Worn and weathered from age and years of being alone, the cowboy in this story contemplates his life and its worth in the big scheme of things. He wonders if he should have made different choices—better choices, perhaps. Still, while in the solitude of a cattle run on a freezing cold winter’s night, the old man is given the chance to see his purpose on this earth. Taken from one of my early newspaper columns, I would like to share with you “The Cowboy’s Miracle,” and wish each of you peace in your days and a hope that shines eternal.
I pulled open the door to the one room cabin that had stood the test of time and seasons of driving cattle to higher ground to feed. Stomping the snow from my boots I peered through the dark with only my single flashlight to search for the cabin’s kerosene lamps. I fumbled in my pocket, my old hands aching from the cold and found a small box of matches. With a couple of tries, I struck the match against the small wood table and the room illuminated with greater light.
For reasons I could not explain my hand shook and my senses came full alert that I was not alone. The flashlight dropped from my hands, rolling across the uneven floor. Squinting through my ancient eyes, a startled sound came from my throat as I saw a shadowy figure standing quietly in the dark. I held the flame higher and there was a fleeting moment when I wondered why the match hadn't burnt my calloused fingers.
"Who is it? This here's private property friend. How'd you get here?" The light within the room grew increasingly brighter until I was forced to cover my eyes. Maybe it was an angel come to take me to the Promised Land? God willing that's where I hoped that I would go.
"I was lost and cold,” a voice stated quietly.
Somewhere in the back of his mind, I remembered the passage my mother used to read on Christmas Day. "And you gave us clothes for our back,” I muttered in quiet response. Was I hallucinating from the cold?
"I was hungry,” the voice continued.
I frowned as I realized I was no longer afraid, only urged by something inside me to follow along with the words that flowed back to me for no reason that I could think of. "And you gave us food to eat."
"I was thirsty."
"And you gave us drink,” I nodded, though I didn’t understand what was happening.
I grabbed the table to steady myself as fear and curiosity crept over my shoulders. Holding the lamp in front of me, I moved around the table inching my way to the corner. There was nothing but an old wool blanket lying on the floor.
At that moment, a knock sounded on the door above the fierce howling storm outside. On shaky legs I managed to get to the door and swung it open unsure of what I might find. On shaky legs I managed to get to the door and swung it open unsure of what I might find. Standing in the winter wind, stood a young man and a small woman, huddled together in an ice-covered blanket.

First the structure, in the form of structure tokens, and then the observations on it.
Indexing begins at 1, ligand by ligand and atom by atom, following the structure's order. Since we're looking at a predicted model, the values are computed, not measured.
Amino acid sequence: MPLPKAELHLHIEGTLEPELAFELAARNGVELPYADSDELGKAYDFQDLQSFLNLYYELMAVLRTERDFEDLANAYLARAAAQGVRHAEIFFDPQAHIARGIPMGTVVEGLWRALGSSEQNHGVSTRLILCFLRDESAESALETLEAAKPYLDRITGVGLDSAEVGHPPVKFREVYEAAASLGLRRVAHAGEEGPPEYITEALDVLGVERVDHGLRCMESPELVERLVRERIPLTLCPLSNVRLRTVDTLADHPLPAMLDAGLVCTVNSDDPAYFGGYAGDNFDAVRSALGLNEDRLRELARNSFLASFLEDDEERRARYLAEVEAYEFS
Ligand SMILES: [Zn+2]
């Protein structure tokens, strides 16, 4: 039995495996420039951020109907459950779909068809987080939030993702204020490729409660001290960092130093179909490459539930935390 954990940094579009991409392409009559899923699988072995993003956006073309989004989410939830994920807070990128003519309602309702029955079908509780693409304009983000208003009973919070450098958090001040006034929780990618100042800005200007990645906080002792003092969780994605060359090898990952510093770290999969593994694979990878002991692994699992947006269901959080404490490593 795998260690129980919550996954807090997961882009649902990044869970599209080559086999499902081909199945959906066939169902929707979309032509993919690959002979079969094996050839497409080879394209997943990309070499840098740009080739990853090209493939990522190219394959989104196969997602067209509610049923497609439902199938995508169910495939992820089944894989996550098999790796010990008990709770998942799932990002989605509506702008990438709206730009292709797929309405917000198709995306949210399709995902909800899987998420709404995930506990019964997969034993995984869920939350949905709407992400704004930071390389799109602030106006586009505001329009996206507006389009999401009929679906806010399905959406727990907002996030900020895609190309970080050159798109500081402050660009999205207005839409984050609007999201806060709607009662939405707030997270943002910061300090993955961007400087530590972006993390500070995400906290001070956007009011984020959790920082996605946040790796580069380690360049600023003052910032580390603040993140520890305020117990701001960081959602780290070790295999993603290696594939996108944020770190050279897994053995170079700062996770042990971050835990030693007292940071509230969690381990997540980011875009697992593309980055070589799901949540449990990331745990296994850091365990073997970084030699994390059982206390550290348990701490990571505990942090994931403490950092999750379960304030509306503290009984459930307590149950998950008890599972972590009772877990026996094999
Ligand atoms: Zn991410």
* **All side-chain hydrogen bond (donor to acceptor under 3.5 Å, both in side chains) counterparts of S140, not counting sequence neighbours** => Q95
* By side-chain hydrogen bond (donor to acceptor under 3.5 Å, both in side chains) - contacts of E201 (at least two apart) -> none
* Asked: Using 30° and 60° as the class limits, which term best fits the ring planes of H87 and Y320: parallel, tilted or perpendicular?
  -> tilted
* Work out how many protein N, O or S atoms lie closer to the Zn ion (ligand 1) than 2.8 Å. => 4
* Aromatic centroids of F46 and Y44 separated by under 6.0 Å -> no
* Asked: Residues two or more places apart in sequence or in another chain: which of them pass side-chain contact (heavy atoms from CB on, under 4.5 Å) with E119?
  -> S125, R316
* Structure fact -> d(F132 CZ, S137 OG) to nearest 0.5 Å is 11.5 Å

"Our car broke down. I have nothing to give you, but if you will let us rest here I would appreciate it. My wife, you see is about to have our child. We’re too far from the next town and with the storm, I’m afraid to risk trying." The woman's gaze met mine with fear mixed with the pleading look in her eye. My whole life all I’d done was deliver calves, surely I could do this.
I ushered the couple in and settled the woman on my single cot. Starting a warm fire, I melted some snow in a heavy cast iron kettle. I had only one cup, but the couple shared a bit of my soup and nibbled on a loaf of my bread.
When it was her time the young man was at her side, providing his encouragement as I did the only thing in my life that I knew well. The one thing I’d sworn lately was not worth much in the big picture of life.
As the boy child uttered his first cry, I wept along with the couple for the miracle we’d witnessed this night.
"What's' your name?" the young mother asked me.
"The name’s Aaron, ma'am."
"Then we’ll call him Aaron, won't we?" The woman smiled up at her husband, who leaned down to place a kiss on the babe’s head.
“Aaron it is,” he said with tears still fresh on his cheeks.
I gave the new family some time alone as I stood on the other side of the cabin and stared out the window at the frozen valley.
"What you do for the least of them, you do unto me."
A tear trickled down my cheek. Though it had taken many years, it was this night of all nights that I realized my humble, solitary life had true purpose.
Blessings and Peace to all~